It’s now used for weddings and exhibitions and local residents complain if there’s too much noise. Grindcobbe, you have been warned.


The Müller House, Prague

After writing about how British design promoters were shy of ornamentation in the 1930s, I thought I ought to go to the ur-text, Adolf Loos’s essay Ornament and Crime (1908). Influential designers and architects are bound to be opinionated but I hadn’t realised quite how opinionated Loos was. The essay was a response to the critics of his landmark Vienna building for Goldman and Salatsch in the Michaelerplatz, designed as one in the eye for the Secession.

Loos said that ornamentation belonged to an earlier stage in cultural evolution and that using it in the 20th century was no longer appropriate. But he said it more forcefully:

“The Papuan tattoos his skin, his boat, his oar, in short, everything that is within his reach. He is no criminal. The modern man who tattoos himself is a criminal and a degenerate. Those who are tattooed but are not imprisoned are latent criminals or degenerate aristocrats. If a tattooed person dies at liberty, it is only that he died a few years before he committed a murder.”

“The evolution of culture,” he said, “is synonymous with the removal of ornament from objects of daily use.”

Ornament was wasteful because decorated items soon bored their users, who replaced them before they needed to, and it impoverished the worker because he was not adequately compensated. Ornament “represents a crime against the national economy, and, as a result of it, human labour, men and material are ruined.”

But Loos’s buildings don’t  meet the expectations created by Ornament and Crime. They are lavishly finished. In the Müller House in Prague (1928-30) there were few white walls, as there were in some of Voysey’s Arts and Crafts houses, which are puritanical by comparison. Surfaces were painted dark green, grey-green, brick red, navy blue and yellow, veneered in mahogany and maple or constructed of travertine and Cippolino marble.

The living room, Müller House

Loos specified decorations, light fittings, furnishing and pictures. In the living room there is a simple brick and marble fireplace but patterned carpets. He chose Chippendale chairs for the dining room, which has a coffered mahogany ceiling. The Library is also furnished in mahogany, with deep-buttoned Chesterfield sofas and a Dutch tiled stove.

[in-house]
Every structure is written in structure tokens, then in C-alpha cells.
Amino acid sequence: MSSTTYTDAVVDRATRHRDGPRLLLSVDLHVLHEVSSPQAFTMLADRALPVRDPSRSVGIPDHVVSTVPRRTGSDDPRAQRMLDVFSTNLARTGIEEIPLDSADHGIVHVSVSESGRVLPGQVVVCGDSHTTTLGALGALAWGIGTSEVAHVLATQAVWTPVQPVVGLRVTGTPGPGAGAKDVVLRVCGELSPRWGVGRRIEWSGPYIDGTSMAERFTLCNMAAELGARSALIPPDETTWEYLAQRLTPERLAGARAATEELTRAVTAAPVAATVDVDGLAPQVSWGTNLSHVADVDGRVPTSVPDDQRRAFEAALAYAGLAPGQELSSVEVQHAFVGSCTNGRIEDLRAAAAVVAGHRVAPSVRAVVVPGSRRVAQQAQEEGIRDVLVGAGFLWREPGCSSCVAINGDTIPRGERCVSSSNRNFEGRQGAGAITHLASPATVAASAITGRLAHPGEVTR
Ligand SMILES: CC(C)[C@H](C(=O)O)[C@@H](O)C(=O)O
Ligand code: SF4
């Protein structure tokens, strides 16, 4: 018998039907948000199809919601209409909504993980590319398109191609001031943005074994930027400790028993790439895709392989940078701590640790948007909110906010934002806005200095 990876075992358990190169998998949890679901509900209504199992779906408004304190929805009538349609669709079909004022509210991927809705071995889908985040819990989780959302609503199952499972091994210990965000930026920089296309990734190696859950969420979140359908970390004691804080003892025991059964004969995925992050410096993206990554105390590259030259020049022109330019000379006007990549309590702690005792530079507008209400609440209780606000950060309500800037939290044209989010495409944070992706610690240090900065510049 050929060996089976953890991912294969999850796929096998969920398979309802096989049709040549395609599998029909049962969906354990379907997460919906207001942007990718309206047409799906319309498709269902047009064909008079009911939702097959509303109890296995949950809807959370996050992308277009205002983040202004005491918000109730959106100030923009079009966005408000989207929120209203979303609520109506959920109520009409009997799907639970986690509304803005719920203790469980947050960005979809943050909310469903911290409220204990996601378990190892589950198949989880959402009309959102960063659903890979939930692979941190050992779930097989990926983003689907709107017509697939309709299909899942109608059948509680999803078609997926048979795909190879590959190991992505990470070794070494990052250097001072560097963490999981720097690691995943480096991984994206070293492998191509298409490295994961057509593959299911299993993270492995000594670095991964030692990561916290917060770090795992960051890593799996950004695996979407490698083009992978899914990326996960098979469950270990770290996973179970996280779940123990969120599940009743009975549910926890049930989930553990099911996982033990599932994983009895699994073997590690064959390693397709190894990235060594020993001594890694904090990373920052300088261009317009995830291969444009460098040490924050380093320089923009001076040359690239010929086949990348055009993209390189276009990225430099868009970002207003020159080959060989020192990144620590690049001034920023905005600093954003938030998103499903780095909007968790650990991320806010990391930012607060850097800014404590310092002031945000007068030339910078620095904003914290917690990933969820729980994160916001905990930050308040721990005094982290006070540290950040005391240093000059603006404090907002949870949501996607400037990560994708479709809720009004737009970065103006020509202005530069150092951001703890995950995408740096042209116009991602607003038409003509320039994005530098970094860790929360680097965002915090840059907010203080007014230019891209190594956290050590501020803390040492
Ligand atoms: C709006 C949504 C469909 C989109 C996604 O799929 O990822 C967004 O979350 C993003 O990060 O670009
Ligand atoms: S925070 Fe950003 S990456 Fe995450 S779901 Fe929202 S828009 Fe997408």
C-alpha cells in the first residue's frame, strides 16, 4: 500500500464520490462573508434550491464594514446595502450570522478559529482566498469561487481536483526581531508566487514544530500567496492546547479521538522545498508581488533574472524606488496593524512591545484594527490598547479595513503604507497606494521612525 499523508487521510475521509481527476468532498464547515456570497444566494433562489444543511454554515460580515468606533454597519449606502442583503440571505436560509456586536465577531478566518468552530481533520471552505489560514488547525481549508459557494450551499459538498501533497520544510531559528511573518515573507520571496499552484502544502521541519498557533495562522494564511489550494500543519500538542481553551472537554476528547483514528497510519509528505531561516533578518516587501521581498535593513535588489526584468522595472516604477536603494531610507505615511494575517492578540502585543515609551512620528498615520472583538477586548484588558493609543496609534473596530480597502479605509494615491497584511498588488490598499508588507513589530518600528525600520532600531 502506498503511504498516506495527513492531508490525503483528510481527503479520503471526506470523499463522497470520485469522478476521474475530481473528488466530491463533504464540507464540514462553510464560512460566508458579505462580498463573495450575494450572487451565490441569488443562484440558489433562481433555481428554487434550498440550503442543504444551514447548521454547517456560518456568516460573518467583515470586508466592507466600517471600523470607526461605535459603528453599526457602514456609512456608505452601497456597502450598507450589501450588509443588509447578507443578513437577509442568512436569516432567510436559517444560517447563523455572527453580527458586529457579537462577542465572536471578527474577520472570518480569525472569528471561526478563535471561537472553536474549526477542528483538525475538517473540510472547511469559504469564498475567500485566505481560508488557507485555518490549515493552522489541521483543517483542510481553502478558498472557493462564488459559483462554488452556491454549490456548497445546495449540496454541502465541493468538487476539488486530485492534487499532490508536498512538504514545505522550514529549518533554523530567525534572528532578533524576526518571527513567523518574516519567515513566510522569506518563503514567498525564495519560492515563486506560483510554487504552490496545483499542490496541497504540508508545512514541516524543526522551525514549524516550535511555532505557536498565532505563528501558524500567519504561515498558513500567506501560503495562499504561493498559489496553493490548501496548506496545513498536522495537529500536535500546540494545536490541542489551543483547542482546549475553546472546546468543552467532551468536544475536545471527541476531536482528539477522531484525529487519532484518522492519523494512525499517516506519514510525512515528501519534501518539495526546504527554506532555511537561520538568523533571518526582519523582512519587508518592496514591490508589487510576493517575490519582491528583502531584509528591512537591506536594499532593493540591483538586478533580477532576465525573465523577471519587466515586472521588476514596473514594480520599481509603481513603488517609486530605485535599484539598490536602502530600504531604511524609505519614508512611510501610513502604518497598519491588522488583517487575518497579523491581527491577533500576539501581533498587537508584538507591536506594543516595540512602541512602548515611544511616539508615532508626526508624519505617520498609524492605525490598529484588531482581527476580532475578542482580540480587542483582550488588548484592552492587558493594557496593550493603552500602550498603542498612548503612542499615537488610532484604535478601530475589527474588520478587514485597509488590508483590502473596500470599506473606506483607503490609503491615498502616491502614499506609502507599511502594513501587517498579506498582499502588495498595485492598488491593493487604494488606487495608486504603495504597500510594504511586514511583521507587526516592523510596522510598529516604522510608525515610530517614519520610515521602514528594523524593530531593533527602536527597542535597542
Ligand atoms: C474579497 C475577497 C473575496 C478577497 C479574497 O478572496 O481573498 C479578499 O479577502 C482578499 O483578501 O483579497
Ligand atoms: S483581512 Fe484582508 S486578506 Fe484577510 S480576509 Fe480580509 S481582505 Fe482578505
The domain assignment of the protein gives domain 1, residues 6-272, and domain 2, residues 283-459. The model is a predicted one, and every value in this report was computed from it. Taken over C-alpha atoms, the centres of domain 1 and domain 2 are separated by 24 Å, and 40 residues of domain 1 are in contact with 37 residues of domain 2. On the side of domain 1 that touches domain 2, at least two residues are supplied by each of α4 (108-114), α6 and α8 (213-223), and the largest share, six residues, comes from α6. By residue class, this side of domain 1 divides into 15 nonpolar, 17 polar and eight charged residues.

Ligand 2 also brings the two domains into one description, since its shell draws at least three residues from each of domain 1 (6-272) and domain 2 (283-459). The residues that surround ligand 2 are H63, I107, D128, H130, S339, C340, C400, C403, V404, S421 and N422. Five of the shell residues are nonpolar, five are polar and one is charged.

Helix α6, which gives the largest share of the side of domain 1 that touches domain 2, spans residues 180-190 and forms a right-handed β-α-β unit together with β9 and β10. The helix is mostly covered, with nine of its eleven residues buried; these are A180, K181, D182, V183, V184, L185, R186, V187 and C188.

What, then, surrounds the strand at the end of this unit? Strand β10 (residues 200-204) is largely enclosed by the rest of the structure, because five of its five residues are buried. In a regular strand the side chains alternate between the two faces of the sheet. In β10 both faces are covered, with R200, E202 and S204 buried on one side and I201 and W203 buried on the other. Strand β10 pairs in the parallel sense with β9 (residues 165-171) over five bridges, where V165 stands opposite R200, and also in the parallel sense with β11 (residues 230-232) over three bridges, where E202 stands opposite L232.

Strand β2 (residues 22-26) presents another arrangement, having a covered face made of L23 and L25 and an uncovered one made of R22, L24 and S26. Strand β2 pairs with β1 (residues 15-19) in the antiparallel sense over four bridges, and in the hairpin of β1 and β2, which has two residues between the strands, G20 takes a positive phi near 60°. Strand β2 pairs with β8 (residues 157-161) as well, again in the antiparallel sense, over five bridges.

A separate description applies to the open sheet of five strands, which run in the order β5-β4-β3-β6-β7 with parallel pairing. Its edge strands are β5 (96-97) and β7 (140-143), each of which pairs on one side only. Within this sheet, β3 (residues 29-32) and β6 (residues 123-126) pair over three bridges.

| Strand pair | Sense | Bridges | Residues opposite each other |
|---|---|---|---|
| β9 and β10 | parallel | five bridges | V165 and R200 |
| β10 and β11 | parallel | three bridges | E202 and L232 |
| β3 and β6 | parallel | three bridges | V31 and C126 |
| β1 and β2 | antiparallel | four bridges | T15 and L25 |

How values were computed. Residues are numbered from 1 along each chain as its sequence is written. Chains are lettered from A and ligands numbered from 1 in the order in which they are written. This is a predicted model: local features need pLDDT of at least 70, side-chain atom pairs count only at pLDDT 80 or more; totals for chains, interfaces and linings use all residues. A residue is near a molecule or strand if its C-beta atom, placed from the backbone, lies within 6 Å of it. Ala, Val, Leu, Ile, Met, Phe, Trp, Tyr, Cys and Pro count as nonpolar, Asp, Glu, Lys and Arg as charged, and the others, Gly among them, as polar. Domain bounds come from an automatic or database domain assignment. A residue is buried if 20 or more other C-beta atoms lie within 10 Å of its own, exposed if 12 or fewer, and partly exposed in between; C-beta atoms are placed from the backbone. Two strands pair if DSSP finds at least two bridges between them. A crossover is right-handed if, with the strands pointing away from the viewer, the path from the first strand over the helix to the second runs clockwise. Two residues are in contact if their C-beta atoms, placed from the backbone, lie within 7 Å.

The library, Müller House


Something quite different from the didactic exhibitions of industrial design I’ve been writing about recently –  a Torquay ware teapot (above). I bought this one from a charity shop today. I’m sure these popular items would have been execrated by the leaders of good taste.

I wrote about Torquay ware in another post, saying that it was made from the local brown clay, was covered in white or blue slip and then decorated, either by scratching through the white to make a line of brown, or by painting with coloured slip. It was made for tourists, who paid sixpence for it, and although it’s pretty and cleverly made, the sheer quantities manufactured means it’s still cheap in the shops.

Typically, my teapot has a motto round the top in Devon English (below), “Cum me artiez ‘elp yersels”  Geddit?

It was made by the Aller Vale Pottery, which closed in the 1920s, so it has been kept on a shelf for at least ninety years and well looked after. The “Scandy” pattern (rather like Prince of Wales feathers) on the side was used by many of the potteries in the second decade of the century – they ruthlessly plagiarized one another in search of the holidaymaker’s sixpence.